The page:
“weaker vessels” in this particular passage, but rather that “weaker vessel” is referring to their common place in society within the pagan world that surrounded the Christians of the Roman Empire. The word “weaker” is translated from a form of the Greek word asthenei, which means powerless or without strength. Peter may be referring to a cultural weakness in which a wife does not have basic human rights extended to women such as we are familiar with in the West of the 21st century. Peter’s instruction to husbands in the latter part of the verse flies in the face of what most of the former pagans would’ve been familiar with in the culture that they existed in. Peter instructed husbands to revere and honor their wives, whereas these women would’ve been treated as children or property in pagan homes. Christianity may have shared the view that men were superior to women in terms of societal limitations, physiology, and even, perhaps, mentality, but it stood in stark contrast to the pagan world because of the respect that Christian men were to show their wives, or as they would’ve said, their sisters in Christ.


On the surface, 1 Peter may seem oppressive to contemporary women of today, but further research gives way the potential for misinterpretation by those that the book offends. “Weaker vessel” does not necessarily mean lesser being. Consider the difference in ideas between Christians and pagans in terms of how men should treat their wives. Christians were quite progressive for the time period. The objective reader cannot read this passage in a vacuum; one must understand how society as a whole effected theology. Regardless of if one believes in the fundamental interpretation of the text or ones like I have cited here, it is undeniable that the Christian perspective- that wives were to be respected and that they were children of God as opposed to a commodity or property- is one that broke boundaries for the time period.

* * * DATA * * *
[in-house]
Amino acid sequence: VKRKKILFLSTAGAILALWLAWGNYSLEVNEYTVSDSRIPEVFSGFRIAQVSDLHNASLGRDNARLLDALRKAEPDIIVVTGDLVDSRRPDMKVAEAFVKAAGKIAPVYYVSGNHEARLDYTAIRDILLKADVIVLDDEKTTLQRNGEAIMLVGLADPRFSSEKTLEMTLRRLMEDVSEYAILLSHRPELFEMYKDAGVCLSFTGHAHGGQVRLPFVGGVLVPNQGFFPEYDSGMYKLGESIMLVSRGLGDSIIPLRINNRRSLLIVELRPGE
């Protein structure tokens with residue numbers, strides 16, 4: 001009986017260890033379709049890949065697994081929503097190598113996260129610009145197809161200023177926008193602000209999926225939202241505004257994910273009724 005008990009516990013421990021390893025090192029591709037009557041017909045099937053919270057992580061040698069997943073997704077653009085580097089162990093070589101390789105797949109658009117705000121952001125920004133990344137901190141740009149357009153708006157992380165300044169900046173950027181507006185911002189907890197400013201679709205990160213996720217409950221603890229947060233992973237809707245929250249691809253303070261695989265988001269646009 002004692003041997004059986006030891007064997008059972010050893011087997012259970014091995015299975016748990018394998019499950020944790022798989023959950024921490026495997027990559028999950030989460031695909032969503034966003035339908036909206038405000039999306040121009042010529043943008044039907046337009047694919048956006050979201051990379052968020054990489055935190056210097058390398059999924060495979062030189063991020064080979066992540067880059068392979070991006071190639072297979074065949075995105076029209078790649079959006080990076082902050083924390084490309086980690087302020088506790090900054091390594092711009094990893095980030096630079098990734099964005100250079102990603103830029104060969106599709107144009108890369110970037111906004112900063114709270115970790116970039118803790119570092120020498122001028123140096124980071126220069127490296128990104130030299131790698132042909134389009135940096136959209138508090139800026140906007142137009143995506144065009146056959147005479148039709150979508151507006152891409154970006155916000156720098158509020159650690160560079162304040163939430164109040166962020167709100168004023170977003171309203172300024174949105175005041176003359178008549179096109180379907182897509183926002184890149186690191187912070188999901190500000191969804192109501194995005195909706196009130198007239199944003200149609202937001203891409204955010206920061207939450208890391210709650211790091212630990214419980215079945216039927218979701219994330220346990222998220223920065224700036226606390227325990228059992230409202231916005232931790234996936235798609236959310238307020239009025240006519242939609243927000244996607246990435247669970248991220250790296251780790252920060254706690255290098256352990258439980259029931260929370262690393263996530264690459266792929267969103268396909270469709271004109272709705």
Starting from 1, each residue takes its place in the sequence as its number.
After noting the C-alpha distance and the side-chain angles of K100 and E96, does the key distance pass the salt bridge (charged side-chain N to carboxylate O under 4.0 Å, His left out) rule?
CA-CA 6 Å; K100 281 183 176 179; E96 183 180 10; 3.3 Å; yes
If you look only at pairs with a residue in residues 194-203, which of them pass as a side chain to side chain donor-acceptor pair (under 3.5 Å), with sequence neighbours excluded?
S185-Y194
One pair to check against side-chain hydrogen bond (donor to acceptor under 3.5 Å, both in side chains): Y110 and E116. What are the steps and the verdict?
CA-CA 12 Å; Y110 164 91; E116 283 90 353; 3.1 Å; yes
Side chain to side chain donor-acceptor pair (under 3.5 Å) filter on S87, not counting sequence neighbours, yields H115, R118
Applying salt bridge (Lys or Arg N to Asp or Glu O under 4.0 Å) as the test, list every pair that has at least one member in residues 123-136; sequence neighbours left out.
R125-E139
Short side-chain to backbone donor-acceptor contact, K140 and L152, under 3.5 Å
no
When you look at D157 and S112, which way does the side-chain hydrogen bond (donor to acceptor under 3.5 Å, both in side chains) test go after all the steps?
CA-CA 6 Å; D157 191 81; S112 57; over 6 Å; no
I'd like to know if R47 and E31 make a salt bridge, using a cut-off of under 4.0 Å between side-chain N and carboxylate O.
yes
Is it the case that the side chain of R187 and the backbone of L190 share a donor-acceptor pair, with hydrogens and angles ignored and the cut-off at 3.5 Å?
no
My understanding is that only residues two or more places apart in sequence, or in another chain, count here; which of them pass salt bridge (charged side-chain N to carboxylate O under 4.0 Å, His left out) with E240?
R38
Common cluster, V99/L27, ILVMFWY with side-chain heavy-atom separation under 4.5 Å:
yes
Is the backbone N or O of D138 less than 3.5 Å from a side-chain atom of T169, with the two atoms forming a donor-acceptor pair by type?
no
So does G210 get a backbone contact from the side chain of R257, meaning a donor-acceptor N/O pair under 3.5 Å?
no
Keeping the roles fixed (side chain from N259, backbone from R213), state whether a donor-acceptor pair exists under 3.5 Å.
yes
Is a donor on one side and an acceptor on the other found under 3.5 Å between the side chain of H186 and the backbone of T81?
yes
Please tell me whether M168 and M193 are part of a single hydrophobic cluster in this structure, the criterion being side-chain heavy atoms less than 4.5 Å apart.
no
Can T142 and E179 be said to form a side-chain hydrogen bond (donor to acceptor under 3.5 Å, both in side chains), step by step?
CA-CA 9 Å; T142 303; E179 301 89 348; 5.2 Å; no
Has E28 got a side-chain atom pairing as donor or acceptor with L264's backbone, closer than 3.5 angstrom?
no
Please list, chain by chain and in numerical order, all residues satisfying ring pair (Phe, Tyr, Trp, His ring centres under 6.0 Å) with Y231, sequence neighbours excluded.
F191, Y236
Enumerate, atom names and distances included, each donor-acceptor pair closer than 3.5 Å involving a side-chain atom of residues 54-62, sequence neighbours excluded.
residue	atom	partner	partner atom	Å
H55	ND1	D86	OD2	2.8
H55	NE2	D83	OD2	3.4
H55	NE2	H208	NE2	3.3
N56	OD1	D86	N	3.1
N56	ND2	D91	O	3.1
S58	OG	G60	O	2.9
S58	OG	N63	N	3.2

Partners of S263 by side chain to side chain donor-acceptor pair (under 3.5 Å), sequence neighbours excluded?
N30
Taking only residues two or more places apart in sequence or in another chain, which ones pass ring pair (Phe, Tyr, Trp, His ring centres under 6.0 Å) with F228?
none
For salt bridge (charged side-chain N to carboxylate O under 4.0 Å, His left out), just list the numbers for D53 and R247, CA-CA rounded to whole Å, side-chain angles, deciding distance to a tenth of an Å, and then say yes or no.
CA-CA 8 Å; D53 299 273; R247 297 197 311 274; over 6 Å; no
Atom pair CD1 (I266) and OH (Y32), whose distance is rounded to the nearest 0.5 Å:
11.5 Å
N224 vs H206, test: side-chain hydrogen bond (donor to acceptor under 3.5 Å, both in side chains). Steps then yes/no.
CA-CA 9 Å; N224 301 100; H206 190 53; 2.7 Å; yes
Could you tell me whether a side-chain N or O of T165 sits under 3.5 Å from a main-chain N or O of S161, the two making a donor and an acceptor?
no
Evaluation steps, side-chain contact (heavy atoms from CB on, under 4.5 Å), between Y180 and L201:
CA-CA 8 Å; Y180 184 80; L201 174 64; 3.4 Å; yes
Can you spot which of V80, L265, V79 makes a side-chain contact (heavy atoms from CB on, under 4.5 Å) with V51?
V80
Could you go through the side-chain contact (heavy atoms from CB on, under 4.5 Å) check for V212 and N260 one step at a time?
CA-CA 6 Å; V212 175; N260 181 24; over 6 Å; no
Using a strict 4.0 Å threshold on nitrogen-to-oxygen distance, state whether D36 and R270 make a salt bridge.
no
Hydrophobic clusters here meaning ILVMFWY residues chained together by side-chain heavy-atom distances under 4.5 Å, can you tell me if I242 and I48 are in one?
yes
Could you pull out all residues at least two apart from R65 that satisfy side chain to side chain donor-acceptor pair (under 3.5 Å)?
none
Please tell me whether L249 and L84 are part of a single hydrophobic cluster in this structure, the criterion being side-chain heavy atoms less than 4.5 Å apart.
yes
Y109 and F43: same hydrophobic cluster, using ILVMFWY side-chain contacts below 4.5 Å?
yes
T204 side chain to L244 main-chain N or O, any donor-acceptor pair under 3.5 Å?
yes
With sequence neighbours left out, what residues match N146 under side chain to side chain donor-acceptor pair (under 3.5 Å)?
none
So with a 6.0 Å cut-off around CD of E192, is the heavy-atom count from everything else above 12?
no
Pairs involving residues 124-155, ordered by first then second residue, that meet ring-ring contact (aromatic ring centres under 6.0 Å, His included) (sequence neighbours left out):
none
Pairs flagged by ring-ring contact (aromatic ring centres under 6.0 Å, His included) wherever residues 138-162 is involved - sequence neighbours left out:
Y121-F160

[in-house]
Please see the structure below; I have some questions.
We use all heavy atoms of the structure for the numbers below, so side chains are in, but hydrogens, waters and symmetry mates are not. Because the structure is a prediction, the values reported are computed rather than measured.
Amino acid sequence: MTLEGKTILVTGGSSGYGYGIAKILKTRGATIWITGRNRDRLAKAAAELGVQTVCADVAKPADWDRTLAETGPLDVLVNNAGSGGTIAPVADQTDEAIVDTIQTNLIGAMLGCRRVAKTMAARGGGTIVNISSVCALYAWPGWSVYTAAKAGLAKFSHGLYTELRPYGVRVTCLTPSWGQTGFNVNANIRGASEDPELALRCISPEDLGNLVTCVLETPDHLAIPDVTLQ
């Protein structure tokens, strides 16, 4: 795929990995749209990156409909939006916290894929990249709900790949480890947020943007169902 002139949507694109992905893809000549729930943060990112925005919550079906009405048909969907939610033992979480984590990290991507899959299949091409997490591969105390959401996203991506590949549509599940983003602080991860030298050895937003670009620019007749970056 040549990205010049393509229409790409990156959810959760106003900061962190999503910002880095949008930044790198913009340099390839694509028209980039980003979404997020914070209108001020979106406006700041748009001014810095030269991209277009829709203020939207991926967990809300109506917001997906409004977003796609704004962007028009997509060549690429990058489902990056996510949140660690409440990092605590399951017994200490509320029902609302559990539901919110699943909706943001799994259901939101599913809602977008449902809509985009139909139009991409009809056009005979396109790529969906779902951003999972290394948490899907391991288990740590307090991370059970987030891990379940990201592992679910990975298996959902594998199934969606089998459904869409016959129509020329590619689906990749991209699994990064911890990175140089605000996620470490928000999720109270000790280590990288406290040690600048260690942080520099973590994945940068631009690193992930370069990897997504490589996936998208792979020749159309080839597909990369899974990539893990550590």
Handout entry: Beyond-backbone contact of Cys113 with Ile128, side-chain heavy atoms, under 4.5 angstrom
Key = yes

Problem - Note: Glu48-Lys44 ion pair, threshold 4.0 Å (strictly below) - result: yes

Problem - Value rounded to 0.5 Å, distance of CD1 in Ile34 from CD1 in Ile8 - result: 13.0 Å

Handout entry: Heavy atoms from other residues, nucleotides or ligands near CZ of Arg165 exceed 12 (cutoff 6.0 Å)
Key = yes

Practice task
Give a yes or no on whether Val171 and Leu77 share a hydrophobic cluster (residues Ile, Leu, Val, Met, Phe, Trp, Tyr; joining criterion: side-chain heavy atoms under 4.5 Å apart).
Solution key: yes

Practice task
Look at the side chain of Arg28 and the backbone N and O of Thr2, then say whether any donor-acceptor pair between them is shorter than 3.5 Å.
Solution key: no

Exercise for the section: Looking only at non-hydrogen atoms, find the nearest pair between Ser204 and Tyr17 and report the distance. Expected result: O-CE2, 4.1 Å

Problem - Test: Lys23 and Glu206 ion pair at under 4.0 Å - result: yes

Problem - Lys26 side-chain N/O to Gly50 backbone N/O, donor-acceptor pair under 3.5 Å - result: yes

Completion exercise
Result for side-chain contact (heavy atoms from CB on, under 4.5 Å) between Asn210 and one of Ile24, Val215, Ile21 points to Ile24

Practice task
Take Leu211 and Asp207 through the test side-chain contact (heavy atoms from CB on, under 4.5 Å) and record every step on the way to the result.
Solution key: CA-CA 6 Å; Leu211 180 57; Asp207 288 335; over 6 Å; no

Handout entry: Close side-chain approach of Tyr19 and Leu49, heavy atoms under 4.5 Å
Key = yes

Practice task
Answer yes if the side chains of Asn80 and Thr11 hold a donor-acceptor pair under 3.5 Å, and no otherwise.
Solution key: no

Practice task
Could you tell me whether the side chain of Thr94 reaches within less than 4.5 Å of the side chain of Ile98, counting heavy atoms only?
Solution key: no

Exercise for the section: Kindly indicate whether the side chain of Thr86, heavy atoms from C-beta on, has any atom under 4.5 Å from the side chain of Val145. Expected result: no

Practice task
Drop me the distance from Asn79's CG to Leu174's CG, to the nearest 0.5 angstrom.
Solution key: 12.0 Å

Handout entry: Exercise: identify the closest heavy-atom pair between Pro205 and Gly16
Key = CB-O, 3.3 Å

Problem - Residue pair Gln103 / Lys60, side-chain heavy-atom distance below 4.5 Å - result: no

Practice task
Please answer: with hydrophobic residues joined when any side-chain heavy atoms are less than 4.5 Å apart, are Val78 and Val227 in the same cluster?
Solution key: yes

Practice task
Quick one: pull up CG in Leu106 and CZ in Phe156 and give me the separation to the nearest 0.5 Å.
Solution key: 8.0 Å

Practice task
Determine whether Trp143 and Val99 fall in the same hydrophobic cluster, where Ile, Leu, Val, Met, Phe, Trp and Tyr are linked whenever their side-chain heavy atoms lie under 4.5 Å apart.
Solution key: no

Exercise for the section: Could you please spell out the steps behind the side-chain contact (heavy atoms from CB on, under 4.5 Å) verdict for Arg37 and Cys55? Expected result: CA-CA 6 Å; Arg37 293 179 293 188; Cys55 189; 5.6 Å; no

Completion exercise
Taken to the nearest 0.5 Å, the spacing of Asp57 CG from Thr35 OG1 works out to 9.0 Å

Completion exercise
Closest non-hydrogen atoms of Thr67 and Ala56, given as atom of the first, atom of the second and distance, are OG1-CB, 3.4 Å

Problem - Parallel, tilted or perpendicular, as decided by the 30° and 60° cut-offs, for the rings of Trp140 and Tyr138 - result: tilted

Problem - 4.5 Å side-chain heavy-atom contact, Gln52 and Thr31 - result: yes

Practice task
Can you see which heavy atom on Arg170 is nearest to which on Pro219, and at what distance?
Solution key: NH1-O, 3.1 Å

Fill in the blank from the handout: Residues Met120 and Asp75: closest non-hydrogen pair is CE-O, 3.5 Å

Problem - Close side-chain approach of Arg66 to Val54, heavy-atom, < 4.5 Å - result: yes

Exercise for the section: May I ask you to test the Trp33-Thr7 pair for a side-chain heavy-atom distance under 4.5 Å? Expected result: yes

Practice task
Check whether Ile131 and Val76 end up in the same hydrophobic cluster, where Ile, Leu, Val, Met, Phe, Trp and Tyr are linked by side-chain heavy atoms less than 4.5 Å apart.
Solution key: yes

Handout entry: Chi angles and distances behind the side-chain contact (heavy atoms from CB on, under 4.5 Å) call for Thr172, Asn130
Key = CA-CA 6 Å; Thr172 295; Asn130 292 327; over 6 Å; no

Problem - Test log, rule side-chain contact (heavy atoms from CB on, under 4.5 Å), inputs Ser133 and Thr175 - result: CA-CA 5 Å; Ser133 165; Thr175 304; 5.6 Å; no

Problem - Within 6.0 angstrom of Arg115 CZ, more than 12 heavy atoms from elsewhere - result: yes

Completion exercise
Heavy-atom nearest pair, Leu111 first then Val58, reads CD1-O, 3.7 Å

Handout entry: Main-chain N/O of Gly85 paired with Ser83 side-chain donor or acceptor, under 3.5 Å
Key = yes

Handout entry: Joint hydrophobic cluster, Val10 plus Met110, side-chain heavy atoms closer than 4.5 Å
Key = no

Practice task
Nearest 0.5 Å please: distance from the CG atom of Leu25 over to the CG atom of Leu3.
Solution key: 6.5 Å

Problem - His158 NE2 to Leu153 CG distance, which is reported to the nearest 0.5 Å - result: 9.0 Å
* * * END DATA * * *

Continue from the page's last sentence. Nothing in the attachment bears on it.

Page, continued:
Leave a Reply

Fill in your details below or click an icon to log in: Logo

You are commenting using your account. Log Out /  Change )

Google+ photo

You are commenting using your Google+ account. Log Out /  Change )

Twitter picture

You are commenting using your Twitter account. Log Out /  Change )

Facebook photo

You are commenting using your Facebook account. Log Out /  Change )


Connecting to %s